In each of the embodiments above, as shown in FIG. 5 and expressed in Formula 2, when the target value α* for deceleration is greater than or equal to the threshold αMax, although the target value b* for auxiliary wheel position can be increased together with the target value α* for deceleration, the target value b* may be a fixed value. In other words, in Formula 2, if b* is placed to a value of b0 when α*≧αMax, in the event that the target value α* for deceleration is greater than or equal to the threshold αMax, the auxiliary wheels 15 make ground contact with a position b0 at a predetermined distance from the drive wheel 11 in a forward position during deceleration or a rear position during acceleration. A value for a position corresponding to the value of maximum envisaged acceleration or deceleration, for example, can be applied in advance as the predetermined value b0. There is no necessity for the auxiliary wheels 15 to displace forward or to the rear by an arbitrary amount in response to the acceleration or deceleration. For example, retractable auxiliary wheels 15F, 15R may be disposed respectively at a front or back position corresponding to the maximum envisaged acceleration or deceleration.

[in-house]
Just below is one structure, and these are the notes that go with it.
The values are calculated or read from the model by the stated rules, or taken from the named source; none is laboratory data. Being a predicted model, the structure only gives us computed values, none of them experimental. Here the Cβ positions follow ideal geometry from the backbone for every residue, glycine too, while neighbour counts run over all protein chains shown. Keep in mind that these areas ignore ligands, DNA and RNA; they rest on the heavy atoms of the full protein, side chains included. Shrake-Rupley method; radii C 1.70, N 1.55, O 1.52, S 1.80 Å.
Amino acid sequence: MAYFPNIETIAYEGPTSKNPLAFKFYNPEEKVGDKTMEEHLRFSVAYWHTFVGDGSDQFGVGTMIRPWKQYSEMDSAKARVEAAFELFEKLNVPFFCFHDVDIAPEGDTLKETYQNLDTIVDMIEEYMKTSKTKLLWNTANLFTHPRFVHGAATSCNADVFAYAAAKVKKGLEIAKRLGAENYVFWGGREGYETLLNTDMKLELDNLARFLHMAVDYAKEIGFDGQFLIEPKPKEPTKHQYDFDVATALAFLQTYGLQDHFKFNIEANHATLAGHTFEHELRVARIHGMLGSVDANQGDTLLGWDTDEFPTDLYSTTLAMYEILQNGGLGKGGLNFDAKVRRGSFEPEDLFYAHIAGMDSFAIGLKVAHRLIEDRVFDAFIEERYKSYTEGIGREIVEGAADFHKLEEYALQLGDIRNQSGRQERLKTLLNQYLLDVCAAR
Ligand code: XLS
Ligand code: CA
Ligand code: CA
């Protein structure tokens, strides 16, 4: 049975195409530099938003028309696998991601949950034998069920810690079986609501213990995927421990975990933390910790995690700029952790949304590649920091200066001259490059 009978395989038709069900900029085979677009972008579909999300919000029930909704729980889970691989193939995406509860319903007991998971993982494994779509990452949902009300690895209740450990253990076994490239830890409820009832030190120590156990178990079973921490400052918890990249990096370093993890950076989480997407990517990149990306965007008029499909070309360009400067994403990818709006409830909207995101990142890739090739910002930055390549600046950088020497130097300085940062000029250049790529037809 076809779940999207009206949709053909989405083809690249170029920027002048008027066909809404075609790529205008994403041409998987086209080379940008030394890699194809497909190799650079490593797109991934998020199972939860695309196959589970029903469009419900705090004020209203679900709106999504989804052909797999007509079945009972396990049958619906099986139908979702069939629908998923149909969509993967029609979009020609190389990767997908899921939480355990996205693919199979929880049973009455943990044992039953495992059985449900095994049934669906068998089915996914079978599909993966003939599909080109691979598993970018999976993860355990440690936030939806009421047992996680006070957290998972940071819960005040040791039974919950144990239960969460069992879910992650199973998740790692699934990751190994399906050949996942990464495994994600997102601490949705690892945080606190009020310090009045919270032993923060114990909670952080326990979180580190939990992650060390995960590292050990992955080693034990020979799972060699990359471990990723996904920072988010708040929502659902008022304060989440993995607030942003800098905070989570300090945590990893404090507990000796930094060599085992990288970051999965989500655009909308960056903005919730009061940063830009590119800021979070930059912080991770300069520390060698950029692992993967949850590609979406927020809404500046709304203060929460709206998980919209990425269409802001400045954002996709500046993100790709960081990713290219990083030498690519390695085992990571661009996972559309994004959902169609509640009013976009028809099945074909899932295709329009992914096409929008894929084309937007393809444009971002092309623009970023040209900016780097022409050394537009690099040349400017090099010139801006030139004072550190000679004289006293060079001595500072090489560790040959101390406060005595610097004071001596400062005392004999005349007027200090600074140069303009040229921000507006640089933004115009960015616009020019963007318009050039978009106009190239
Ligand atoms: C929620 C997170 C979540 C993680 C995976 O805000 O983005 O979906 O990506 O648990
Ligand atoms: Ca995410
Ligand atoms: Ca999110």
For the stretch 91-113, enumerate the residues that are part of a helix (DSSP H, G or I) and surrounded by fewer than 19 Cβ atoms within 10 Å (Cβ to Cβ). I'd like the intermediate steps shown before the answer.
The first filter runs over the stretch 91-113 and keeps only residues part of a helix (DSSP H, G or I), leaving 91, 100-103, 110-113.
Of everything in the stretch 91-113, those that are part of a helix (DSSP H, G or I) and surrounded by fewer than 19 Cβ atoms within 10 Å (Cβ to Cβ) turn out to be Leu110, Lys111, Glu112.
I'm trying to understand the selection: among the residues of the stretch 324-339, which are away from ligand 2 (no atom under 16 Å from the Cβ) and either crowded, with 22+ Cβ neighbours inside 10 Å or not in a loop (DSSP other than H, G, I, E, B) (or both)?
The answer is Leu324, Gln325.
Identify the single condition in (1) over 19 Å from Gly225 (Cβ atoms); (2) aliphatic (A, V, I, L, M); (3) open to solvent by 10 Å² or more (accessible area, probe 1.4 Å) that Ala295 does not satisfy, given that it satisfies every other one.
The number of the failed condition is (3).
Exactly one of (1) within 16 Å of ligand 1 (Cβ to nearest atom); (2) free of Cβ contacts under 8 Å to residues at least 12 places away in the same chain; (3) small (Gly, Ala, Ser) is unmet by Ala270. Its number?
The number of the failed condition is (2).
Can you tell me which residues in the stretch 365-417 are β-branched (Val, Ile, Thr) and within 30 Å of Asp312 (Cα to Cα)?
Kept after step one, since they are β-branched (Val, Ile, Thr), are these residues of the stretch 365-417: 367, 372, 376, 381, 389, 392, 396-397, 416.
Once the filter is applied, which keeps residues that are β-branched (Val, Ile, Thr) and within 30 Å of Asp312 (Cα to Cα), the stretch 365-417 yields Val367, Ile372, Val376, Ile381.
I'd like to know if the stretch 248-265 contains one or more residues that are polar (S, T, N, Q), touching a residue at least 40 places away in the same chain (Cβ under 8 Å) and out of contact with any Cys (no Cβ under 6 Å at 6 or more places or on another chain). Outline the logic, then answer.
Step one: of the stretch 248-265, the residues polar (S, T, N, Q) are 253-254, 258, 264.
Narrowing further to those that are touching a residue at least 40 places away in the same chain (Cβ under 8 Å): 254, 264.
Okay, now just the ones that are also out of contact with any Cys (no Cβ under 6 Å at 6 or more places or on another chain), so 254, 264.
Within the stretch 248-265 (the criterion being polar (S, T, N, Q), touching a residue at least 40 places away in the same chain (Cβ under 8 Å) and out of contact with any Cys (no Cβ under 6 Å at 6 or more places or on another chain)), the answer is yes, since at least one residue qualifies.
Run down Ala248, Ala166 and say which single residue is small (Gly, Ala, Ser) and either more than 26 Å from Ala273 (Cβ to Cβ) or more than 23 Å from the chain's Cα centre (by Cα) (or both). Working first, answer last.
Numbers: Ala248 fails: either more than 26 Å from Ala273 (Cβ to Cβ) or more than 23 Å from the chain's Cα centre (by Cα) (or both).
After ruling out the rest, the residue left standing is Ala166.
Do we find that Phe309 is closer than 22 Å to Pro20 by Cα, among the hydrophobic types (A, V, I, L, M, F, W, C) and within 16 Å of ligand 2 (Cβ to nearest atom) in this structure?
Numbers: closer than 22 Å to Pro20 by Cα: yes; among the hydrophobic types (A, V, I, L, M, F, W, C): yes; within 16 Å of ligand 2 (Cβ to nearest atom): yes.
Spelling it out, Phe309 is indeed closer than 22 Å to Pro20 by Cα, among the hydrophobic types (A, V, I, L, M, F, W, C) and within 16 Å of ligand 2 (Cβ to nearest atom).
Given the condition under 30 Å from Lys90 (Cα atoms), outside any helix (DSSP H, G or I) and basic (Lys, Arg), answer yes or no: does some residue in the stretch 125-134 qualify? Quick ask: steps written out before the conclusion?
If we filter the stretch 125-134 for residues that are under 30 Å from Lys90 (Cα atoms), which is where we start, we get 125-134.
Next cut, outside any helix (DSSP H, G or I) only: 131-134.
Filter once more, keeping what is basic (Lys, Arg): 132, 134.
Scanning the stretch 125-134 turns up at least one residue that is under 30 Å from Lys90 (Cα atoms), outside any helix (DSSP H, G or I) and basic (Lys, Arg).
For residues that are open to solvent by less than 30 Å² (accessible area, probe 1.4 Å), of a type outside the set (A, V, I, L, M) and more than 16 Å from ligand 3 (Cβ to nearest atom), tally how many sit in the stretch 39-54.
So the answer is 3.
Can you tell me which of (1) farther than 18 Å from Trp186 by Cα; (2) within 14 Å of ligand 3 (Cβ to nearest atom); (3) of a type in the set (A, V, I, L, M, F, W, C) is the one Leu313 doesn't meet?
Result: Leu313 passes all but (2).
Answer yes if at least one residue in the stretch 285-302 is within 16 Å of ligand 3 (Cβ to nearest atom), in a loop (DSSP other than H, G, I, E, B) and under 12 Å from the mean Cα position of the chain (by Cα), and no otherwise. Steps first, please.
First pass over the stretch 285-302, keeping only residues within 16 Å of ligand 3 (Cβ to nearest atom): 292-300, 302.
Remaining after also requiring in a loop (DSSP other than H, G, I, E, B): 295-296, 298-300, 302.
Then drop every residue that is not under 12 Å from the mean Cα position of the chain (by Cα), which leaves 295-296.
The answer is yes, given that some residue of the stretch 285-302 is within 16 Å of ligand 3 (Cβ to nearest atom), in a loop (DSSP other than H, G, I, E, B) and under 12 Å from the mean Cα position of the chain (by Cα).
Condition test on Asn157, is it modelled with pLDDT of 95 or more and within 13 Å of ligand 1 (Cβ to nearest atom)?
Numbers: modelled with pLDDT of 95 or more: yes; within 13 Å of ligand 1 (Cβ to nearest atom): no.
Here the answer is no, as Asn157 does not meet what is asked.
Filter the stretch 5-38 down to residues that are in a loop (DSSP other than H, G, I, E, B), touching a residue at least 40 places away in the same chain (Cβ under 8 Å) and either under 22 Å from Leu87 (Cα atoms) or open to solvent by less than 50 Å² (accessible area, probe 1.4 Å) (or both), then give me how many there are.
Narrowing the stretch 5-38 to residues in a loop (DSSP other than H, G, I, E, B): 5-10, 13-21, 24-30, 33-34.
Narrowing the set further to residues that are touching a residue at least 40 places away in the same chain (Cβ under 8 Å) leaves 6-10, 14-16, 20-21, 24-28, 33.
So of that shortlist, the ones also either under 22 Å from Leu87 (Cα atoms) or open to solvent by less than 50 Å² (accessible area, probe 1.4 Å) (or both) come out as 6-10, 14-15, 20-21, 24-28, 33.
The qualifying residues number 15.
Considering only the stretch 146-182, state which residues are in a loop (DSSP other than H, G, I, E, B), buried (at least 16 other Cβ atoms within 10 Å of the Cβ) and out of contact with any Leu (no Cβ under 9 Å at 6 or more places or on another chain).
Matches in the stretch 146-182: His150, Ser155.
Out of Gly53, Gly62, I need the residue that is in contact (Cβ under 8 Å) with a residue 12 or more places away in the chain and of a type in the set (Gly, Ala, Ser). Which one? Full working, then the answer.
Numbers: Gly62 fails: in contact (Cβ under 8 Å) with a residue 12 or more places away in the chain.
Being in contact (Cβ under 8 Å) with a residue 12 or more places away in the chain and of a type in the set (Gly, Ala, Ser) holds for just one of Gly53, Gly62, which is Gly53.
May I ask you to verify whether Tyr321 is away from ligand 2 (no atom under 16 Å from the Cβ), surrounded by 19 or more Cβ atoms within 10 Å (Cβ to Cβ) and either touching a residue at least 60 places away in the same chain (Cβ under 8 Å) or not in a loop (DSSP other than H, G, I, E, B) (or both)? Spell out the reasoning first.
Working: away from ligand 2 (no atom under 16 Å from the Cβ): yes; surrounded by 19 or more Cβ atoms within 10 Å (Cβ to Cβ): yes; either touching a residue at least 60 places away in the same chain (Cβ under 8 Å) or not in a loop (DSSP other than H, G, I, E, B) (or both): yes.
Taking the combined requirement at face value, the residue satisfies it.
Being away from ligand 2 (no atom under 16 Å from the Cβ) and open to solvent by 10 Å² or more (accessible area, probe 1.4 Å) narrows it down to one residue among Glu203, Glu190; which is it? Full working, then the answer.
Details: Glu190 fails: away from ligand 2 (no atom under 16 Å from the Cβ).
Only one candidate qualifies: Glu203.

In each of the embodiments described above, the target position for the auxiliary wheels when not in ground contact is given by b*=0 (Formula 2). The auxiliary wheels 15 are usually in a standby position δ directly above a ground contact position nearest to the drive wheels 11 with respect to an arbitrary vehicle body angle of inclination θ1 of target value α* for deceleration<threshold value αMax (Formula 3). Thus when required, ground contact at a suitable position may be rapidly performed for early enablement of the effect of ground contact by the auxiliary wheels 15. In this regard, the standby position of the auxiliary wheels may be varied in response to the running velocity of the vehicle in order to adapt rapidly to variation in acceleration or deceleration. For example, when the vehicle is stationary, sharp acceleration may be provided for by moving the auxiliary wheels in a rear direction in advance or when running at near to maximum velocity, sharp braking may be provided for by moving the auxiliary wheels forward in advance.

Furthermore energy saving may be realized by not performing any control of the auxiliary wheels standby position when the vehicle is not in use.